NEW YORK - A man found guilty 17 years ago of murdering his parents as a teenager was freed from prison yesterday, days after a court overturned the conviction and ordered a retrial because of new evidence.

Martin Tankleff, 36, was released on $1 million bail. He thanked his friends, supporters, and witnesses who came forward "because it was the right thing to do."

An appeals court threw out the 1990 conviction last week, saying new evidence suggested that someone else might have killed Seymour and Arlene Tankleff in their Long Island home.

"I was as upset when Marty was convicted as I was the day I learned that there were murders," said his aunt, Mary Anne McClure. "Now we can mourn my sister properly, because we haven't been able to for 19 years."

Martin Tankleff was 17 when his parents were bludgeoned and stabbed in their Belle Terre, N.Y., house in 1988. After a detective falsely told him that his father had awakened from a coma and implicated him, Tankleff wondered aloud whether he might have "blacked out" and committed the crimes, and he confessed to them. But he quickly withdrew the confession, refusing to sign a statement police had prepared.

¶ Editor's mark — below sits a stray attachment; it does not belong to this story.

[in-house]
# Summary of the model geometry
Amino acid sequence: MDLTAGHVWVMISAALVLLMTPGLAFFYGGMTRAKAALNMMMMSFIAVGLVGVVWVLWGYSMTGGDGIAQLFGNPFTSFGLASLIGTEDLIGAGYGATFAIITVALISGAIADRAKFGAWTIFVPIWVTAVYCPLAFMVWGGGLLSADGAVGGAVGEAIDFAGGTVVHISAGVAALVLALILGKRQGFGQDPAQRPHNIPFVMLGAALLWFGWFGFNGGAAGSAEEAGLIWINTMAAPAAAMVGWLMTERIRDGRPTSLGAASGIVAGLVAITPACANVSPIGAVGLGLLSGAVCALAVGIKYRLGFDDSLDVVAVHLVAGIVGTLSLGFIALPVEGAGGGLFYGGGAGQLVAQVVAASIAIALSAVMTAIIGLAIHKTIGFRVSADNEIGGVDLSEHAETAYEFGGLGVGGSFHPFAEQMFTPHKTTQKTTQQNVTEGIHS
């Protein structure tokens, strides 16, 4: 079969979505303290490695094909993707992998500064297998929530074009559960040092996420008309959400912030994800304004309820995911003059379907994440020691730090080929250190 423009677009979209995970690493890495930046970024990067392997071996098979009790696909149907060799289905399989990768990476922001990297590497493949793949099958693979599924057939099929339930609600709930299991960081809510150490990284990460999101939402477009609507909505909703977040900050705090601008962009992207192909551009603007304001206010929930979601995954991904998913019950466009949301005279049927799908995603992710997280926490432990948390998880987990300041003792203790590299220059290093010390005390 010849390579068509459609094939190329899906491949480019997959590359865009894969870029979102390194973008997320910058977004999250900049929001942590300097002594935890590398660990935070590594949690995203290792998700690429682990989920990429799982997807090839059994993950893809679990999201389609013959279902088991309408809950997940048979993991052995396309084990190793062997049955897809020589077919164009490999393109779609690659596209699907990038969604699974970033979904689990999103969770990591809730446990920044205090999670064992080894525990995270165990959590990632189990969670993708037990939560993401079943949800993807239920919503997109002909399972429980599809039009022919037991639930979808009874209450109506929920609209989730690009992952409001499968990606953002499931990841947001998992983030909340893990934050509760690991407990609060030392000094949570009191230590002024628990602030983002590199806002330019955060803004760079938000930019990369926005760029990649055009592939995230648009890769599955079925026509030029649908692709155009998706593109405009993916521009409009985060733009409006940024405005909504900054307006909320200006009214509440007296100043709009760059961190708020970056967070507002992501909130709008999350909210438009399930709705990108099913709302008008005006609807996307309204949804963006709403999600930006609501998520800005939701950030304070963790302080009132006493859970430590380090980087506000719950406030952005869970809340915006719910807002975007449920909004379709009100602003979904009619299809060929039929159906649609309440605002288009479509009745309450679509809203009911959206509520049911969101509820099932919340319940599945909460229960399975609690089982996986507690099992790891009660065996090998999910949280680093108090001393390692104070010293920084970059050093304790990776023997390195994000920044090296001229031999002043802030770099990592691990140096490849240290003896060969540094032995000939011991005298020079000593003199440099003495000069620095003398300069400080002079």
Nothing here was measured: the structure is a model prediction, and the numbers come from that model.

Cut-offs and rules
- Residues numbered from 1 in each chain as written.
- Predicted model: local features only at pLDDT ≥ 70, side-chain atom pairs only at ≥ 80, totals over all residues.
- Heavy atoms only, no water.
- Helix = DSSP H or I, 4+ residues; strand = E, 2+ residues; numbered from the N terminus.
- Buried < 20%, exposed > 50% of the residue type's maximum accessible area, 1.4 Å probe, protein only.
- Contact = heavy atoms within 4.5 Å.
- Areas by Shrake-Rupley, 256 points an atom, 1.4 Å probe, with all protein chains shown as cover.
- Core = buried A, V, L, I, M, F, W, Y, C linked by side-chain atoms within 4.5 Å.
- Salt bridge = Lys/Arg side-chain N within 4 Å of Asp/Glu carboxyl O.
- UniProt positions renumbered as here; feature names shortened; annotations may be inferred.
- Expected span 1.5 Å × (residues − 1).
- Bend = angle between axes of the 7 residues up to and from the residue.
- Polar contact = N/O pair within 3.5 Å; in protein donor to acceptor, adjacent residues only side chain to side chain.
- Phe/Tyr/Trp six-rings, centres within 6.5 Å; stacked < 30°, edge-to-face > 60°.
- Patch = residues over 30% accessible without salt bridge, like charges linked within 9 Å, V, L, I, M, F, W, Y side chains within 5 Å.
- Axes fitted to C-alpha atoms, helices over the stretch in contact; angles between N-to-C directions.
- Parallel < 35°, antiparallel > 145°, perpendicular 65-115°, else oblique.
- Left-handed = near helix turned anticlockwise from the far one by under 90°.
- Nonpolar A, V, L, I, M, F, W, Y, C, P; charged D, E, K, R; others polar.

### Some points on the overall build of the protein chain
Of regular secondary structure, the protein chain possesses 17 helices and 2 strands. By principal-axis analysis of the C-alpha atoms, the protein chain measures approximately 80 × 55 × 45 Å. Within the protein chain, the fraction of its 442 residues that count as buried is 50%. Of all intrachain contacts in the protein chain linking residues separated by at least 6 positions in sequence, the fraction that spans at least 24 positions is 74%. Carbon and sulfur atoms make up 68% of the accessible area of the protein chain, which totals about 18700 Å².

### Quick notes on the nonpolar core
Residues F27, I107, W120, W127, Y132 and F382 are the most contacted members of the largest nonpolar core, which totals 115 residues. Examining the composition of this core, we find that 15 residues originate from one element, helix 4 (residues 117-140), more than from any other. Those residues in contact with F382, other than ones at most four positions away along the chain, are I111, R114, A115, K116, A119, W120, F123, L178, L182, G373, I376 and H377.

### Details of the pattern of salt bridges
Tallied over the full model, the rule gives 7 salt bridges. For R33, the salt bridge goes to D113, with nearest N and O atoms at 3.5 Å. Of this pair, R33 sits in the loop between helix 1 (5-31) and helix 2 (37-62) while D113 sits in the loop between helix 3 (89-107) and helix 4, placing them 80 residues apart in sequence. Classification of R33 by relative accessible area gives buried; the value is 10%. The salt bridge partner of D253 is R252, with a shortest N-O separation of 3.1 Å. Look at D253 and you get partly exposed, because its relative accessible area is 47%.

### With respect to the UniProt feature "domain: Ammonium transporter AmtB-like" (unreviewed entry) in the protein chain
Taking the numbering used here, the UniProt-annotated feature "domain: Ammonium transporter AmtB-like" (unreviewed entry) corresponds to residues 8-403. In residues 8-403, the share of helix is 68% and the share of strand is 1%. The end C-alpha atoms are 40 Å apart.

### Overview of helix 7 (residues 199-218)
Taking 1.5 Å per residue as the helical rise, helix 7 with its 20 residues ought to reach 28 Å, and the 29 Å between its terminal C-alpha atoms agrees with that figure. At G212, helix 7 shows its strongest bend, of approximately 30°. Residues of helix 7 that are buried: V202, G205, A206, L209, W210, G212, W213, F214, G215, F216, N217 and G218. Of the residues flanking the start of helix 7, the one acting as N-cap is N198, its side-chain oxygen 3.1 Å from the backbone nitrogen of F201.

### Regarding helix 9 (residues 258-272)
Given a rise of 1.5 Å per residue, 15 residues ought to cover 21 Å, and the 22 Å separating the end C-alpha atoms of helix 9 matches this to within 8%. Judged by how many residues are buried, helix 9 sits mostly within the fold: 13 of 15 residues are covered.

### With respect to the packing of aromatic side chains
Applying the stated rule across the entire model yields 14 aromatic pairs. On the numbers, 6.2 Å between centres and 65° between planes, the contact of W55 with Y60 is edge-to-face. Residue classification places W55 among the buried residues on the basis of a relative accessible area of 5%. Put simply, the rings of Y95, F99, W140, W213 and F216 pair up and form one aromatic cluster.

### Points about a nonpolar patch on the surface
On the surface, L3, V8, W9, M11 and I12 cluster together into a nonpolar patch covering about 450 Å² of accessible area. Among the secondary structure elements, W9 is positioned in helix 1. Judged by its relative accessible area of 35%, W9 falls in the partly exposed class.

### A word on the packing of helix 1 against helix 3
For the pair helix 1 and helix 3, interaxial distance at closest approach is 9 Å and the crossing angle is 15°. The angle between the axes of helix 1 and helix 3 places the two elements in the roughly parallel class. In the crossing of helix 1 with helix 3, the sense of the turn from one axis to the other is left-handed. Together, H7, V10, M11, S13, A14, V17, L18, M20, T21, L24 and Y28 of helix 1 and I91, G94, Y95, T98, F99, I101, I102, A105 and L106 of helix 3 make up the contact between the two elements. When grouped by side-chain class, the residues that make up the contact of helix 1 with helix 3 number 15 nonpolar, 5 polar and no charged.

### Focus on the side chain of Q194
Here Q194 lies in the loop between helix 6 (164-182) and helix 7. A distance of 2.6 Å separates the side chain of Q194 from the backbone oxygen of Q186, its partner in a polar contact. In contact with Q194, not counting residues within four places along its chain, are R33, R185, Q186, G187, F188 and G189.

He was sentenced to 50 years to life in prison after being convicted in one of the nation's first televised trials.

Private detectives working on Tankleff's behalf later turned up witnesses who implicated a business partner of his father's and others in the killings. The partner, Jerry Steuerman, was never charged and has denied involvement.

The Appellate Division of state Supreme Court in Brooklyn said it was probable that a new jury would render a different verdict if given a chance to hear all the evidence now available.

The case had raised questions about coercive interrogation tactics and drew the support of the Innocence Project, a group dedicated to exonerating wrongfully convicted people. "It's a great day for justice in New York and in the country generally," said Barry Scheck, the project's executive director.

Suffolk County District Attorney Thomas Spota did not say whether he would seek to prosecute Tankleff again.